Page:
My two Anne Boleyn novels, Dear Heart, How Like You This? and The Light in the Labyrinth, a young adult novel, construct a different Anne Boleyn from the one offered in the popular novels Wolf Hall (2009), Bring Up the Bodies (2013) and The Other Boleyn Girl (2001). I don’t see her as cold and driven by desire for power, as suggested in these novels. The Anne constructed by my imagination, based on my historical research, is not a woman capable of bedding her brother, even out of desperation to become pregnant and therefore secure her position as queen. But Anne Boleyn did see herself as England’s Queen.
I envisage Anne Boleyn as someone very much like her daughter Elizabeth. Like Elizabeth, Anne was not perfect, but a woman of great courage and intelligence, worthy of love and respect.
One of my joys in constructing Anne is to show as I imagine her, to open those closed doors of history is give readers a glimpse of how I see her. Anne was a loving mother and aunt. In the excerpt I offer here, I open the door to Anne’s chambers and have her enjoying time with her family on January 1st, a time when the Tudors traditionally exchanged gifts. The excerpt is told through the point of view of Anne’s niece Katherine Carey – a girl of almost fourteen who is struggling to deal with matters of the heart…
Wendy J. Dunn
The days of winter seemed to go on forever. It was so cold that the Thames froze over—an ice so thick and hard that the King journeyed between his river palaces by sleigh, while Aunt Nan, caged by the ill health of her pregnancy, fretted about what he did whilst away from her. But the New Year festivities brought the King back and kept him lingering at Greenwich with his wife and little daughter.
From high to low, all at court exchanged gifts at New Year. Aunt Nan gave the King a gift of a new ornamental clock, and he gifted to her the largest diamond Kate had ever seen. With her royal parents at this time, little Bess did not miss out. Resting in her chamber that afternoon, Aunt Nan gave her daughter a jewelled hornbook with a black alphabet outlined in gold.
Aunt Nan and Kate sat by the fire as Bess played with it on the floor. Aunt Nan smiled. “Look how she prefers the hornbook to the toys others have given her. She may be a little young for it, but soon I will start teaching my Bess her letters.”
Bess, hearing her mother’s voice, cast aside the hornbook and pulled herself up. Unbalanced by her heavy dress, she swayed for a moment before waddling over to them. Determination all over her face, every few steps she stopped to regain her footing. At last she reached her mother and collapsed against her, grinning in triumph. She held out her arms. “Kiss Bess,” she commanded.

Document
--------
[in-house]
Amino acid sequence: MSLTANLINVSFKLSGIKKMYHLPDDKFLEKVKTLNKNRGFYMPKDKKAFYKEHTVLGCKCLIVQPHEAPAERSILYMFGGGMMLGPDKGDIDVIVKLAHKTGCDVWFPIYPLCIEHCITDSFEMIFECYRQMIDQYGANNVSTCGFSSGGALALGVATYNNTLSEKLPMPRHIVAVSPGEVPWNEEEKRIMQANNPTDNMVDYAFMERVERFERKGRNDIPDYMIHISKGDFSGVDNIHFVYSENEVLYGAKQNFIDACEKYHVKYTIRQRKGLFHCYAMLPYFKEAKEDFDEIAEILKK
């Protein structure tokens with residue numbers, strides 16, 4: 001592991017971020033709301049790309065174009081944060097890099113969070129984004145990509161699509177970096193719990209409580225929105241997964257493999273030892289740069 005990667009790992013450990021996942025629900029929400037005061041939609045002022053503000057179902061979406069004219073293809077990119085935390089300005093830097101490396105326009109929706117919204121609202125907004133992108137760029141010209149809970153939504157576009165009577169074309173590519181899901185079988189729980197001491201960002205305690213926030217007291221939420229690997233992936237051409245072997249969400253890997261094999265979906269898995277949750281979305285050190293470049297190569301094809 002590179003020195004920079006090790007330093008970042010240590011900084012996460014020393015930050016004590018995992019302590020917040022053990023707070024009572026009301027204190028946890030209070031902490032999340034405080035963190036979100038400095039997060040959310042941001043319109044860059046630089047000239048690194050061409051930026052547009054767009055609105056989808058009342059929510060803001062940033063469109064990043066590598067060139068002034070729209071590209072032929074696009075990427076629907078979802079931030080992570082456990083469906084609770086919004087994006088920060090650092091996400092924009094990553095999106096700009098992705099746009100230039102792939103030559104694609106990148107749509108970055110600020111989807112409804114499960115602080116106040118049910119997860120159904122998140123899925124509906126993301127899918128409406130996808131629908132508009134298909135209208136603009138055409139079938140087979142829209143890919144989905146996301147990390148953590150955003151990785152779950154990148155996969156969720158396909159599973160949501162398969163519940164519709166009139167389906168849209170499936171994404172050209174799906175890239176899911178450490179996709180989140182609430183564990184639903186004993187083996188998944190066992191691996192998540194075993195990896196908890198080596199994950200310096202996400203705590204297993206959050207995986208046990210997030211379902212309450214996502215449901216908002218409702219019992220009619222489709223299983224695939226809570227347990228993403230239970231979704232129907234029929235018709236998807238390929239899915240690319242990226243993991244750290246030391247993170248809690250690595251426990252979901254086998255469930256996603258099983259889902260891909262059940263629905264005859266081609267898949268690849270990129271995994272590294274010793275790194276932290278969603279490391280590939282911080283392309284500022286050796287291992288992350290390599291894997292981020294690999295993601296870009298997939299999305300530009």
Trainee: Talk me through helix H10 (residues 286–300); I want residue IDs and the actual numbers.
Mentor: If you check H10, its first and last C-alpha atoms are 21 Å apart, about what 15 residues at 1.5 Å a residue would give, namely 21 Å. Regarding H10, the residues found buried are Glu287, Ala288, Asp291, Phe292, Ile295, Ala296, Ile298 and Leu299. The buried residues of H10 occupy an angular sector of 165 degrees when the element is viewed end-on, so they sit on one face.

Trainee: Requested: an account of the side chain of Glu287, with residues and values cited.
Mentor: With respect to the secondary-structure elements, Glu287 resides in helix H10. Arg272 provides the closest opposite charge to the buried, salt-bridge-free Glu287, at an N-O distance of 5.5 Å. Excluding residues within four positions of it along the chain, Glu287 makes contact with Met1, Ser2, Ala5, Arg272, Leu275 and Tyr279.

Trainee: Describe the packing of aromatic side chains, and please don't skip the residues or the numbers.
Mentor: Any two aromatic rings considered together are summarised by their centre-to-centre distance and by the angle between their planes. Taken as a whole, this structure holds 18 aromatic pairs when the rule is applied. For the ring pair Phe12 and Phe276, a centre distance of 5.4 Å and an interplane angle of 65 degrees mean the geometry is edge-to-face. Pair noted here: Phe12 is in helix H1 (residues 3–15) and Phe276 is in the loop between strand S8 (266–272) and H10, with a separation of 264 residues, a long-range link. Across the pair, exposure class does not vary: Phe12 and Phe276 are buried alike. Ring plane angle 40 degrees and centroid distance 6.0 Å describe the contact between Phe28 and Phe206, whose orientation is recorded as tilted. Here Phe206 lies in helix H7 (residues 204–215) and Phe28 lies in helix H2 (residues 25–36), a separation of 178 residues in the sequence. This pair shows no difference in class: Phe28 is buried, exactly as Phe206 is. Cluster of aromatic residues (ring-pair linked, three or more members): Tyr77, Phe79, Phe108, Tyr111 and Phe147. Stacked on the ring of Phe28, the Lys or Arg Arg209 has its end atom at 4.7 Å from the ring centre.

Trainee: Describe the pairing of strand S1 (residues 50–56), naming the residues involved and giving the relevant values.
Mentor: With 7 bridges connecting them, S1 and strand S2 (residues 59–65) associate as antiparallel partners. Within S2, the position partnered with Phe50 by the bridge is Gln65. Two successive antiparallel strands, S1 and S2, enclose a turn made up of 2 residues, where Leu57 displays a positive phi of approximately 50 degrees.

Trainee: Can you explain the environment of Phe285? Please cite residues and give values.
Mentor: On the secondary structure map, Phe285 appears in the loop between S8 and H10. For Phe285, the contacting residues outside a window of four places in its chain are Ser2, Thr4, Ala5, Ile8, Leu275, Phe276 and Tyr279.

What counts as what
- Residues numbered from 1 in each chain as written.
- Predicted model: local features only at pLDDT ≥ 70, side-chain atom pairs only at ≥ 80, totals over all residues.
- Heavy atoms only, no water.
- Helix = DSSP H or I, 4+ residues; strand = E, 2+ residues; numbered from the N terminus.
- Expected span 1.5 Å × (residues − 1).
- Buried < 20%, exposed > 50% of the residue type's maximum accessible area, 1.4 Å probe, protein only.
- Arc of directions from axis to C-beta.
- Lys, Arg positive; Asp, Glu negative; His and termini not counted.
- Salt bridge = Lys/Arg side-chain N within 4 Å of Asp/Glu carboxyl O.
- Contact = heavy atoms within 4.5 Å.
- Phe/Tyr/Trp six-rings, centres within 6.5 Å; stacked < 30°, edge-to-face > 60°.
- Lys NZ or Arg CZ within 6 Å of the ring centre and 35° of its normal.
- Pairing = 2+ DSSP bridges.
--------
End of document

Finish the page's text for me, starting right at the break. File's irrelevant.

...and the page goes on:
Aunt Nan laughed, reaching out her own arms. Thinking her aunt was about to lift Bess, Kate bounded from her chair, picked up the little girl, and placed her onto her mother’s lap. When Kate straightened her little cousin’s gown, Bess grinned up at her.
“Ma belle.” Aunt Nan held her daughter close. She kissed her again and again. Bess laughed, her small, long-fingered hands, perfect miniatures of Aunt Nan’s, going to either side of her mother’s face.
“Story, Mama.” Bess nestled sleepily against her mother’s breast.
Aunt Nan shared a smile with Kate. “What story shall I tell you?”
“Fine rooster,” the little girl murmured.
“Fine rooster?” Aunt Nan frowned, her face thoughtful while settling her daughter in her arms. At last, leaning back, she smiled, her eyes full of dreams, and began to recite:
Listening, Kate shut her eyes, relishing the warmth of the fire and the melody of her aunt’s voice. For the first time at court, she welcomed a sense of peace and homecoming.
The gift giving wasn’t ended that day. Kate gave her brother a new cap adorned with an ostrich feather, and he gave her a girdle book with the psalms of King David. Aunt Nan’s gift to her was a copy of The Consolation of Philosophy. “You’ve had mine long enough,” she said with a grin. “When our Duchess of Suffolk comes back, I want you to continue your discussion with her about the book’s teachings.” She then picked up Kate’s gift to her. She turned its pages and smiled. “I shall treasure this, knowing the hours you dedicated to the translation. I hope you will do more in the future. How about Consolation of Philosophy next time? From the Latin to English—now that would be a worthy task for you.”